Wednesday, November 2, 2005
At the Jackson City Council's Oct. 31 work session, council members voted to hire Jimmy Heidel as a consultant and limited liability corporation—rather than as an employee—to direct the city's economic development effort. Heidel is very qualified for the position, having been the state's economic development chief, as well as executive director of the Vicksburg Chamber of Commerce.
Heidel's requested payment of $150,000 a year has raised some eyebrows, especially in a time when the city administration is cutting other jobs such as less-than-$30,000-a-year crime prevention specialists.
"The justification is in the production," Heidel told The Clarion-Ledger recently. "Given the chance, I will be able to produce."
Council members questioned Mayor Frank Melton and City Attorney Sarah O'Reilly-Evans about the legality of hiring Heidel as a consultant rather than a regular employee.
"I have questions whether we can legally do the hiring because the order didn't say Jimmy Heidel, it said Jimmy Heidel Consultants LLC. And I'm just not sure we can hire a consulting firm to direct a department," said Ward 7 Councilwoman Margaret Barrett Simon, questioning whether a private company should be given authority to hire and fire city employees.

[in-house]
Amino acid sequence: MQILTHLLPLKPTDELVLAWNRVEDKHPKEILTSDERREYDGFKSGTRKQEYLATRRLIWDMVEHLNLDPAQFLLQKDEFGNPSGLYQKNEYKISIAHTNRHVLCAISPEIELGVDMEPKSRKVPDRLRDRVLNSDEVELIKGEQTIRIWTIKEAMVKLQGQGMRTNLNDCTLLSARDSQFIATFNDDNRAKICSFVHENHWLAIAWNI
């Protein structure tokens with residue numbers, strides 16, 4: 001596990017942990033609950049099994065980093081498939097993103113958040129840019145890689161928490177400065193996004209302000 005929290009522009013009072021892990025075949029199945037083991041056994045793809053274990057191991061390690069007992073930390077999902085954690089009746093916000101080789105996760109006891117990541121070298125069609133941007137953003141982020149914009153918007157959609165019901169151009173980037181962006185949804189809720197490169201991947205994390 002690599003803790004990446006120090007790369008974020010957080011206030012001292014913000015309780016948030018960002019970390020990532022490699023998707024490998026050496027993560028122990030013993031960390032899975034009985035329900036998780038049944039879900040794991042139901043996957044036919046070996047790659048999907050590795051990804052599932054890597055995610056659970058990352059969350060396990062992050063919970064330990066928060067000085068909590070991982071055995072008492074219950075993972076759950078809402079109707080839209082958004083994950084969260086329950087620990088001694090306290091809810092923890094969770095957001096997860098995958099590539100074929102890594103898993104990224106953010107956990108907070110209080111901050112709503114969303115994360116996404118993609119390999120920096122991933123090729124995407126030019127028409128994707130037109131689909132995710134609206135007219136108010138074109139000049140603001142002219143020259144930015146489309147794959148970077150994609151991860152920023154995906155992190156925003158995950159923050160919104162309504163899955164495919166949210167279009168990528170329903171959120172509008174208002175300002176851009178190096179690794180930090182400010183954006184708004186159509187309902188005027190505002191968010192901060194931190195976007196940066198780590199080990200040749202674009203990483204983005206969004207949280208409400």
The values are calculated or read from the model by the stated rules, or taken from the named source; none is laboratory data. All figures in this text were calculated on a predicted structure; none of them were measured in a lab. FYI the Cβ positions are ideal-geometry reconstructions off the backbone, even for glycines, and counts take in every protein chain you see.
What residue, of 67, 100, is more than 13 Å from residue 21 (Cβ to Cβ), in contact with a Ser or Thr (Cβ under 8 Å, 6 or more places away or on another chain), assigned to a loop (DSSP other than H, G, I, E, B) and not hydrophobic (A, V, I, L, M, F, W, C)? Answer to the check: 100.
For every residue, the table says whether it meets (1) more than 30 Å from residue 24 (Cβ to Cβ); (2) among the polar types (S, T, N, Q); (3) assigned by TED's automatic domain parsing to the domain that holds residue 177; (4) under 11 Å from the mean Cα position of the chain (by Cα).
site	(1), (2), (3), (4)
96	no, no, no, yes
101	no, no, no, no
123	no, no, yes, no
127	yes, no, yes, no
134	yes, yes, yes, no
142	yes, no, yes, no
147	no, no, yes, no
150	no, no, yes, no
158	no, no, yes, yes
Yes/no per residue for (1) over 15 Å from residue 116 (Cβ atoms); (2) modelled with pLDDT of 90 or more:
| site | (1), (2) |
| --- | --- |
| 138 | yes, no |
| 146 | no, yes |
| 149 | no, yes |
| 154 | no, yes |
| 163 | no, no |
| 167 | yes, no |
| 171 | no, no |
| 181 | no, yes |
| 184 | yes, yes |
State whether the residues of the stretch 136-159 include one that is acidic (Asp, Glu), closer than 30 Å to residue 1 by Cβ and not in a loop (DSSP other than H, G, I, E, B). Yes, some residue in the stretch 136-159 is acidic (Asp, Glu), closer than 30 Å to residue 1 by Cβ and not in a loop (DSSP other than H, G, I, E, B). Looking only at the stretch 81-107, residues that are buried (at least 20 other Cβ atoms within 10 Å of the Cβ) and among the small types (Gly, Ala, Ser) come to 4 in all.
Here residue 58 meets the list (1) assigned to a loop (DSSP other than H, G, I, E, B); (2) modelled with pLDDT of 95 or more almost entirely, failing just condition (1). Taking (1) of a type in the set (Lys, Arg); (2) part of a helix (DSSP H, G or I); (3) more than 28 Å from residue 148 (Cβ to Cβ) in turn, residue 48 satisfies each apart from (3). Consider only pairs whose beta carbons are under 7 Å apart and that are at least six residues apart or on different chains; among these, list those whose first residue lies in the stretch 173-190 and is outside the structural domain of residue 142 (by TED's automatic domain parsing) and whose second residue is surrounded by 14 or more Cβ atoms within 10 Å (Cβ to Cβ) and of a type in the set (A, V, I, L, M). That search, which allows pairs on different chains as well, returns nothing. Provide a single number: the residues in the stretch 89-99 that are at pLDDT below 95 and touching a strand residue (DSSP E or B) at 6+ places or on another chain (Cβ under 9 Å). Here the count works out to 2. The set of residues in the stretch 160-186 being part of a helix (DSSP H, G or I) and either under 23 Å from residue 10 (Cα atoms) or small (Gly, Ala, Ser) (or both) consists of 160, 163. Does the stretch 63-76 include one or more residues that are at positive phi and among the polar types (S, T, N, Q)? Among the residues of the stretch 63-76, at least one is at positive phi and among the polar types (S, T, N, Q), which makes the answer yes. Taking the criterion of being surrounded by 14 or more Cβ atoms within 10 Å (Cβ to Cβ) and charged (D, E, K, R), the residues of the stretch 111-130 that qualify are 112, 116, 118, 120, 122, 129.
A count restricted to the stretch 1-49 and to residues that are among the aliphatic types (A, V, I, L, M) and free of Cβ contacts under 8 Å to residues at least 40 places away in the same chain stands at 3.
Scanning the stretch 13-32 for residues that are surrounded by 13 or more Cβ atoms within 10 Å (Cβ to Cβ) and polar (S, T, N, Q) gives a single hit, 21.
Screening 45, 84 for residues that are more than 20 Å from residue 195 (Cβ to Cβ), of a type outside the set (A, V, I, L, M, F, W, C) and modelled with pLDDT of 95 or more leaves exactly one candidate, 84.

After only a few minutes of discussion, however, Councilman Ben Allen called the question and brought the issue to a vote. The motion passed by three to two, with one abstention. Council members Charles Tillman, Frank Bluntson and Allen voted in support, while Leslie McLemore and Barrett Simon voted against. Kenneth Stokes was absent, and Council President Marshand Crisler abstained.
After the vote, Simon continued to protest. "You could have had a unanimous vote on this if you'd addressed our concerns," Simon told the mayor.
"It's nothing against you, sir," McLemore said to Heidel. "I just think handling it this way is illegal."
Melton promised to bring the issue before the Council again, with changes that he hoped would satisfy opponents. "We will bring it to your comfort level," he said to Simon.
The next day, during the Nov. 1 council meeting, council members were presented with a new contract removing Heidel's ability to hire and fire city employees. Crisler said he approved the new contract.
Heidel said he intends to pull development into the city through private investment.
"We don't have any marketing materials whatsoever on our Web site. Corporate America goes to the Internet with a wish list on what they're looking for, and they eliminate cities that don't provide information," Heidel said, adding that he wanted to make business investment easier by "cutting through red tape."
"Some projects that I'm talking to people about have been hanging around for two years, and they've never gotten through the bureaucracy of the city. This should take 30 days, not two years," Heidel said.